REP. GARRET GRAVES (R-LA): Democrats right now are willing to default on the debt, so they can continue making welfare payments for people that are refusing to work. And I'm talking about people that are without dependents people that are able bodied between 18 and 55. And it's crazy to me that we're even having this debate.

UNIDENTIFIED MALE: Are you willing to drop that work requirements in --

GRAVES: Hell no. Hell no. Not a chance.


BLITZER: So how do you respond to that, Leader? Will you accept the deal that strengthens work requirements?

JEFFRIES: That's exactly the type of reckless Republican rhetoric that is driving our country toward a default for the first time in American history and leads many people to rationally conclude that what the extreme MAGA Republicans really want to do is crash the economy, trigger a recession, because they believe, as many of them have said, that it will be in their political benefit in 2024. The so-called work requirements are not a serious public policy proposal, because work requirements already exist under federal law. And that has been the case going all the way back to 1996. To the extent that there are anything in the law that Republicans would like to discuss in terms of additions to the changes that have already been put into the law related to work requirements going all the way back to 1996, then the appropriate place for that to be discussed is the Farm Bill, not as part of a hostage taking situation where the full faith and credit of the United States of America and potentially crashing the economy could result in the failure to arrive at a resolution.

BLITZER: So, bottom line, Leader, can you get a bill, given all the procedural problems in the House and then the Senate, can you get a formal bill to President Biden's desk so he can sign it into law before June 5?

JEFFRIES: Yes, I believe that we can. And I know that that is the effort that President Biden and the Biden administration officials who are working day and night, 24 hours a day almost to bring about a resolution of this matter are working toward. We cannot default, it will hurt millions and millions of everyday Americans. And we have a responsibility in terms of our country, our Constitution, our credibility, to make sure that America pays our bills and pays our bills on time.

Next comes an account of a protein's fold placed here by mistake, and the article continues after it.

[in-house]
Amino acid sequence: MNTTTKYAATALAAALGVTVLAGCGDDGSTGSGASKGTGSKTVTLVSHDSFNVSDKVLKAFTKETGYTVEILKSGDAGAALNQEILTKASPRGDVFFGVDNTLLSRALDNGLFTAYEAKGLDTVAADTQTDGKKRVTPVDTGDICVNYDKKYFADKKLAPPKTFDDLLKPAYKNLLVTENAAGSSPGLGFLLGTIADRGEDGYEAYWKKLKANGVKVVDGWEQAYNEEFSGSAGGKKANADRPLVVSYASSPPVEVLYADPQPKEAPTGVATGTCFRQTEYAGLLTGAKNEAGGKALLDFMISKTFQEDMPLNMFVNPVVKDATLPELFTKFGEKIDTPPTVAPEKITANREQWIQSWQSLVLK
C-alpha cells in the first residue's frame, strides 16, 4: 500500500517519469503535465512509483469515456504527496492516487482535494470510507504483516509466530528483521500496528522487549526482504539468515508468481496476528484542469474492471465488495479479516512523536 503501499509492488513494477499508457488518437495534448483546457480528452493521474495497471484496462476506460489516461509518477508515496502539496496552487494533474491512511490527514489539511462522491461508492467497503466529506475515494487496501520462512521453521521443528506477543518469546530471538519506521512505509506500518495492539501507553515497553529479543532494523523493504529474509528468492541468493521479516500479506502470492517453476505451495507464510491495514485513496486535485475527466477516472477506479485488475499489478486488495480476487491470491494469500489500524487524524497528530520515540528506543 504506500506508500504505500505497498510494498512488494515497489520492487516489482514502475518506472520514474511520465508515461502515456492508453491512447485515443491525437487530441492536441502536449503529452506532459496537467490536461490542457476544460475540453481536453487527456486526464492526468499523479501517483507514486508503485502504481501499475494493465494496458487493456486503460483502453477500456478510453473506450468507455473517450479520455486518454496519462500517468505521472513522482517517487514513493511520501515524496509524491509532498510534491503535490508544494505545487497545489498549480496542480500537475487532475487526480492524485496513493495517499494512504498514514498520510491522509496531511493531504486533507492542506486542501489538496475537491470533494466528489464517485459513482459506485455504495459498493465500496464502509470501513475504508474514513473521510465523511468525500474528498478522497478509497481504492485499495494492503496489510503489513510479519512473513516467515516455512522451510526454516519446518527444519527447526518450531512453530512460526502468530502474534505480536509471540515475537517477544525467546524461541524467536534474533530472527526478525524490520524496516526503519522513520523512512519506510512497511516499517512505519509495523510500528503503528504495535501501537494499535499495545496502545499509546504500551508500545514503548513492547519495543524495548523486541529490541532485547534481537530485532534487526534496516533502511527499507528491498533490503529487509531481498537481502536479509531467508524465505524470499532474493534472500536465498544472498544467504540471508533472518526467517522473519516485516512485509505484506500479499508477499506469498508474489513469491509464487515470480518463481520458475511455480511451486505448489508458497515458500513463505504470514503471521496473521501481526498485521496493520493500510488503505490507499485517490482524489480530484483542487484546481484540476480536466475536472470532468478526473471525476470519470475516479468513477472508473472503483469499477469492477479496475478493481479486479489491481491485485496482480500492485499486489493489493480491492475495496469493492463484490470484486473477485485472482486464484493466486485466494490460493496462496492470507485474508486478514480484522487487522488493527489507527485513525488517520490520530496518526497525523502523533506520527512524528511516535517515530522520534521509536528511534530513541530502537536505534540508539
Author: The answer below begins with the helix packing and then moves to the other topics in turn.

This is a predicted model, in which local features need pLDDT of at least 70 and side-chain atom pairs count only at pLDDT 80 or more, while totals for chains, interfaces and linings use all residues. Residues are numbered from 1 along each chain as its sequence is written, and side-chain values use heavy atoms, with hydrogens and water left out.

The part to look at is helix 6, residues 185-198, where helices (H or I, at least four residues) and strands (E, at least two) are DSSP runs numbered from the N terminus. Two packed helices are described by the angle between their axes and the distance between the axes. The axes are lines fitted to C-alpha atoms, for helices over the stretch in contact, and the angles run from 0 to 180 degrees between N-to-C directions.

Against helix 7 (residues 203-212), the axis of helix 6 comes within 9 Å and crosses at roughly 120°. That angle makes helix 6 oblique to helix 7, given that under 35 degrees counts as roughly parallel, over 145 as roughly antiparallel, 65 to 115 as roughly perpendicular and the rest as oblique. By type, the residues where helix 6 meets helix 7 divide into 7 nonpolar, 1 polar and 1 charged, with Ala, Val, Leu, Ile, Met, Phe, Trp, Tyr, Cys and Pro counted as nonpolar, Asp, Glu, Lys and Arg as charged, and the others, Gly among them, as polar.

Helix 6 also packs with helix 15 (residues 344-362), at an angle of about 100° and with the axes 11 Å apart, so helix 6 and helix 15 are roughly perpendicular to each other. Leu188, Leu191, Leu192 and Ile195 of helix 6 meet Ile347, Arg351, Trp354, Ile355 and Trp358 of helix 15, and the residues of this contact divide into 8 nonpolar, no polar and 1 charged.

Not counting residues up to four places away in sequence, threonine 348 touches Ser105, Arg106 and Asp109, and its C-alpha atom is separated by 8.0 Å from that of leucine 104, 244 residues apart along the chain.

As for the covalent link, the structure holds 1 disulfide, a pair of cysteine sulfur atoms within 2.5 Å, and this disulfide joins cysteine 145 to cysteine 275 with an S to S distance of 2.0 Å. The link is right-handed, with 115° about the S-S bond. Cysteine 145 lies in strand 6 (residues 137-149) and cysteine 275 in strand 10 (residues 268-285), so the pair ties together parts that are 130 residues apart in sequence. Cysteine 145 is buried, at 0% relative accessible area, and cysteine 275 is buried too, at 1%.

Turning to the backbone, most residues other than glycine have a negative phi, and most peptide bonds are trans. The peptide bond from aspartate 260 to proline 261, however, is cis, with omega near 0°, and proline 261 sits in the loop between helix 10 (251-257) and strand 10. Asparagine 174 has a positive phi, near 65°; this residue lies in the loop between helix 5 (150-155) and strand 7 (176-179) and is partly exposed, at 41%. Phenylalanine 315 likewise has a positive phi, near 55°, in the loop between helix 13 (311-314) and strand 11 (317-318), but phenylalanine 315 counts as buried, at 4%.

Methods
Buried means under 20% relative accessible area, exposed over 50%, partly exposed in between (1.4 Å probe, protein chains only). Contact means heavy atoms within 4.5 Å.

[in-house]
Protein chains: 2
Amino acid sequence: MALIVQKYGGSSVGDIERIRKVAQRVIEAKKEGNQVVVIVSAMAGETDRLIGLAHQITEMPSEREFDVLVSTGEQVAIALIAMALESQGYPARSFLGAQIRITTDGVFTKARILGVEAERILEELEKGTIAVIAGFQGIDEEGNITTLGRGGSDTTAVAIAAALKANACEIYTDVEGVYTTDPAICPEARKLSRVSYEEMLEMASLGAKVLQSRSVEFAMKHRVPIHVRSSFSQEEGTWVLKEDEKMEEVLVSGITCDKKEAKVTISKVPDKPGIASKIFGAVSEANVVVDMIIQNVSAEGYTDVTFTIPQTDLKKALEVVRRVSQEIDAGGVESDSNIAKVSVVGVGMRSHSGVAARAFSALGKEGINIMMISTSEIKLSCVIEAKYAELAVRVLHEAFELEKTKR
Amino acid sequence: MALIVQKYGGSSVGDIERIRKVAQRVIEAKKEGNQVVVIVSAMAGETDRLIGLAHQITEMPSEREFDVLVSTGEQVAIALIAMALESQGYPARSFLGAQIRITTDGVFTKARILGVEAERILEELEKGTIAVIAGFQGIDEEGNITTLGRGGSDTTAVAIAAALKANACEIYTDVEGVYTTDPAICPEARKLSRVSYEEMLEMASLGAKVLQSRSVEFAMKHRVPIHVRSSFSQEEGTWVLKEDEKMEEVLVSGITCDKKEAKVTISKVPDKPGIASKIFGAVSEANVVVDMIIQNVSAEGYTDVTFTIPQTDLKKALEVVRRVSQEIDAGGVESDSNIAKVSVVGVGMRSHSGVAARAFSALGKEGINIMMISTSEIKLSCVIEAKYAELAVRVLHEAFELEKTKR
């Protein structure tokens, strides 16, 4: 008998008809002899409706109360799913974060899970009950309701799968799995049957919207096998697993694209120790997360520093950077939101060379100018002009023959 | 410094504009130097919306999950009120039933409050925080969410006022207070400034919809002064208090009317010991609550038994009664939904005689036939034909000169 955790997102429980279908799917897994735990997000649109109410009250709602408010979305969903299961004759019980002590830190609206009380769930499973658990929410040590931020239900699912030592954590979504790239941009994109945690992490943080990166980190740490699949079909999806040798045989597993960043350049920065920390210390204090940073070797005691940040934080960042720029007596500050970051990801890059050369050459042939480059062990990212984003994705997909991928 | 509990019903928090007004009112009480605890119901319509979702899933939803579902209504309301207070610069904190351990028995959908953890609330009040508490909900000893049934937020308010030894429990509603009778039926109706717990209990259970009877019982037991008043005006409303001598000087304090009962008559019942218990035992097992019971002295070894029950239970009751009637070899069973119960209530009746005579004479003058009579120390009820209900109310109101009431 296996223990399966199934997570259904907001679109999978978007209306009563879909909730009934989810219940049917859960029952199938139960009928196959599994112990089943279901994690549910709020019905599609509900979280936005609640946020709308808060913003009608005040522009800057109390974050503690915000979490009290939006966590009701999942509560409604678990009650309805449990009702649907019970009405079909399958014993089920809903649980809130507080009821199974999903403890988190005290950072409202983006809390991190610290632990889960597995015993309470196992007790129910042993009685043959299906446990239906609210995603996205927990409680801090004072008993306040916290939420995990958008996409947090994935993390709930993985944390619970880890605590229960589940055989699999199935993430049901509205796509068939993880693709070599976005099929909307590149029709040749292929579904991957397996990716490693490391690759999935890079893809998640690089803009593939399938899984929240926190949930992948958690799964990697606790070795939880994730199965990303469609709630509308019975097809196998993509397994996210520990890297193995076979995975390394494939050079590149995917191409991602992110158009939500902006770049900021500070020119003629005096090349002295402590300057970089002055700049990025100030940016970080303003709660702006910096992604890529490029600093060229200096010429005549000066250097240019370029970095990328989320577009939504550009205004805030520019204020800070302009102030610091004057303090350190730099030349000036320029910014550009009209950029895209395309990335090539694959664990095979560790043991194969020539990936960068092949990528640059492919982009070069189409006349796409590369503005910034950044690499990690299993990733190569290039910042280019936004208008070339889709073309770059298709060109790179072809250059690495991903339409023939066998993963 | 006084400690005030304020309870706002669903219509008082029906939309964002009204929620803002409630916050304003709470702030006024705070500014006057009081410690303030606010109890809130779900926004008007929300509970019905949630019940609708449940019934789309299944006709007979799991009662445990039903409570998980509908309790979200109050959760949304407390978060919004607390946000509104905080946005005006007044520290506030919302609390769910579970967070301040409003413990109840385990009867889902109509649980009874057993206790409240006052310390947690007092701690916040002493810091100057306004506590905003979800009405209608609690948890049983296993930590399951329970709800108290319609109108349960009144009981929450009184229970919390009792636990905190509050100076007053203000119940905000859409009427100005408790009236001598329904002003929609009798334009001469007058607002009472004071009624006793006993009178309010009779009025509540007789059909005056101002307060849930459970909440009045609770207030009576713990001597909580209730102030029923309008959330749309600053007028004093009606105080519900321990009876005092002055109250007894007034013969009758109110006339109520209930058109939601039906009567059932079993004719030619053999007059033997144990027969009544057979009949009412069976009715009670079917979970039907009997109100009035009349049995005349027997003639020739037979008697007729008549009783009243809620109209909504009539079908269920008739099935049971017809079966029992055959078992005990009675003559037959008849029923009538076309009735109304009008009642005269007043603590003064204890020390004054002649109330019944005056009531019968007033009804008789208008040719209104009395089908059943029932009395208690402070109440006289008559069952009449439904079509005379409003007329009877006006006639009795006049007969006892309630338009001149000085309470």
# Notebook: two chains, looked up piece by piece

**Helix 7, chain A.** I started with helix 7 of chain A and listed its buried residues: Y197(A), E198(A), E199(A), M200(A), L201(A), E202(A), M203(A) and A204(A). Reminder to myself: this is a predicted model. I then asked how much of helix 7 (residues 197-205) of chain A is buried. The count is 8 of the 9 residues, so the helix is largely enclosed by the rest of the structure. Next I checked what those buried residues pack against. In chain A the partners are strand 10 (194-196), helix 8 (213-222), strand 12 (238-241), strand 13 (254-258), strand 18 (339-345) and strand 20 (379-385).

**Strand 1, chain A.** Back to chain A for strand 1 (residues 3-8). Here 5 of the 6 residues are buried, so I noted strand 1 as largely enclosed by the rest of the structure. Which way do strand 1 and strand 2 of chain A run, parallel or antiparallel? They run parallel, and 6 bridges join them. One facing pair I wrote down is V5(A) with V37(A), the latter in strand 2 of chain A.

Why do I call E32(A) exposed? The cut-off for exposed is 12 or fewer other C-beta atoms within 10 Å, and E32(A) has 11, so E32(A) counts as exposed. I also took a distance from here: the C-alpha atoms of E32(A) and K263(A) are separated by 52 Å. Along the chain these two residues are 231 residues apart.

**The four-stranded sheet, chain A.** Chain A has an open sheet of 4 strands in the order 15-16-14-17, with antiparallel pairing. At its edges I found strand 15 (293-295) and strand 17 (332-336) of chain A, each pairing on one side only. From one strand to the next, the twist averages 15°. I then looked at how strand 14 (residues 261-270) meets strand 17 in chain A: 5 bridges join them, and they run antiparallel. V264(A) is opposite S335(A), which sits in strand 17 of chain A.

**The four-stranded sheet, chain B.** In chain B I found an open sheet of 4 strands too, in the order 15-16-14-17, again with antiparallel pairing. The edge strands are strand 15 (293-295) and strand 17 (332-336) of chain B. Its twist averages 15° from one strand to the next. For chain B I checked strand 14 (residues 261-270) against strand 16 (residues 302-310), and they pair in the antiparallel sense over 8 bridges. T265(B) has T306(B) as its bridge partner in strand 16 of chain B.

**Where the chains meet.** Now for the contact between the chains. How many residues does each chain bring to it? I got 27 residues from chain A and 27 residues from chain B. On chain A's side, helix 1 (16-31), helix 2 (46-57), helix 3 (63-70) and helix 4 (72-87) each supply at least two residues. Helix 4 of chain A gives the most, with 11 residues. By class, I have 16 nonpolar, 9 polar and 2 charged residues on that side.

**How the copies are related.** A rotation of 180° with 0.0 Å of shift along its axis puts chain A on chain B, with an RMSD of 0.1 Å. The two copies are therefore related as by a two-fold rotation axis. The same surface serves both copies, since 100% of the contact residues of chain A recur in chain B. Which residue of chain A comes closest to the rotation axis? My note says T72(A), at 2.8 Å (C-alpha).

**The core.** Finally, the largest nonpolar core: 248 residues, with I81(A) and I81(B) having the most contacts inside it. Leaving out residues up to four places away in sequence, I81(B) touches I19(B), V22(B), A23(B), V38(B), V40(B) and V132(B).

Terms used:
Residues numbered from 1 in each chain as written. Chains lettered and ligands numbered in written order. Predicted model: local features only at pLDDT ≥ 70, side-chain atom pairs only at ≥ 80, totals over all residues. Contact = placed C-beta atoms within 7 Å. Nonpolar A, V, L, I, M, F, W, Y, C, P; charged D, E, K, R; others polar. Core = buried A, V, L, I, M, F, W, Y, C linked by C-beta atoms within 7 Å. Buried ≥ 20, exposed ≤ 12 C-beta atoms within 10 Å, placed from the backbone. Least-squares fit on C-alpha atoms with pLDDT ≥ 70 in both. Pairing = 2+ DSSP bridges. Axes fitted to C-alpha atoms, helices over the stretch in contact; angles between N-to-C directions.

BLITZER: As you know, some of your Democratic colleagues, Democratic members, they've told CNN publicly that they're concerned President Biden and Democrats are about to give too much away. Do you share their concerns?

JEFFRIES: Well, I share the concerns that the extreme MAGA Republicans are trying intentionally to bring about public policy changes in the law that they know they cannot accomplish through the normal legislative process. That is the reason why we are in this situation. They are threatening to default because they know that President Biden and others in Washington, D.C., Senate Democrats, House Democrats are inherently responsible individuals, and we understand the consequences of a dangerous default. But at the same time, I am confident that President Biden will continue to hold the line and not allow painful cuts to be undertaken, that are going to hurt the health, the safety or the economic wellbeing of the American people. And that will be consistent with how we feel as House Democrats. This situation should be resolved.

BLITZER: The House Democratic Leader Hakeem Jeffries. Leader Jeffries, thank you so much for joining us. Good luck to you. Good luck to everyone in Congress and the executive branch. As you know, as all of our viewers now know, the stakes for the U.S. economy and the American people are enormous and deep for the world right now. So we're watching this very, very closely. I appreciate it very much.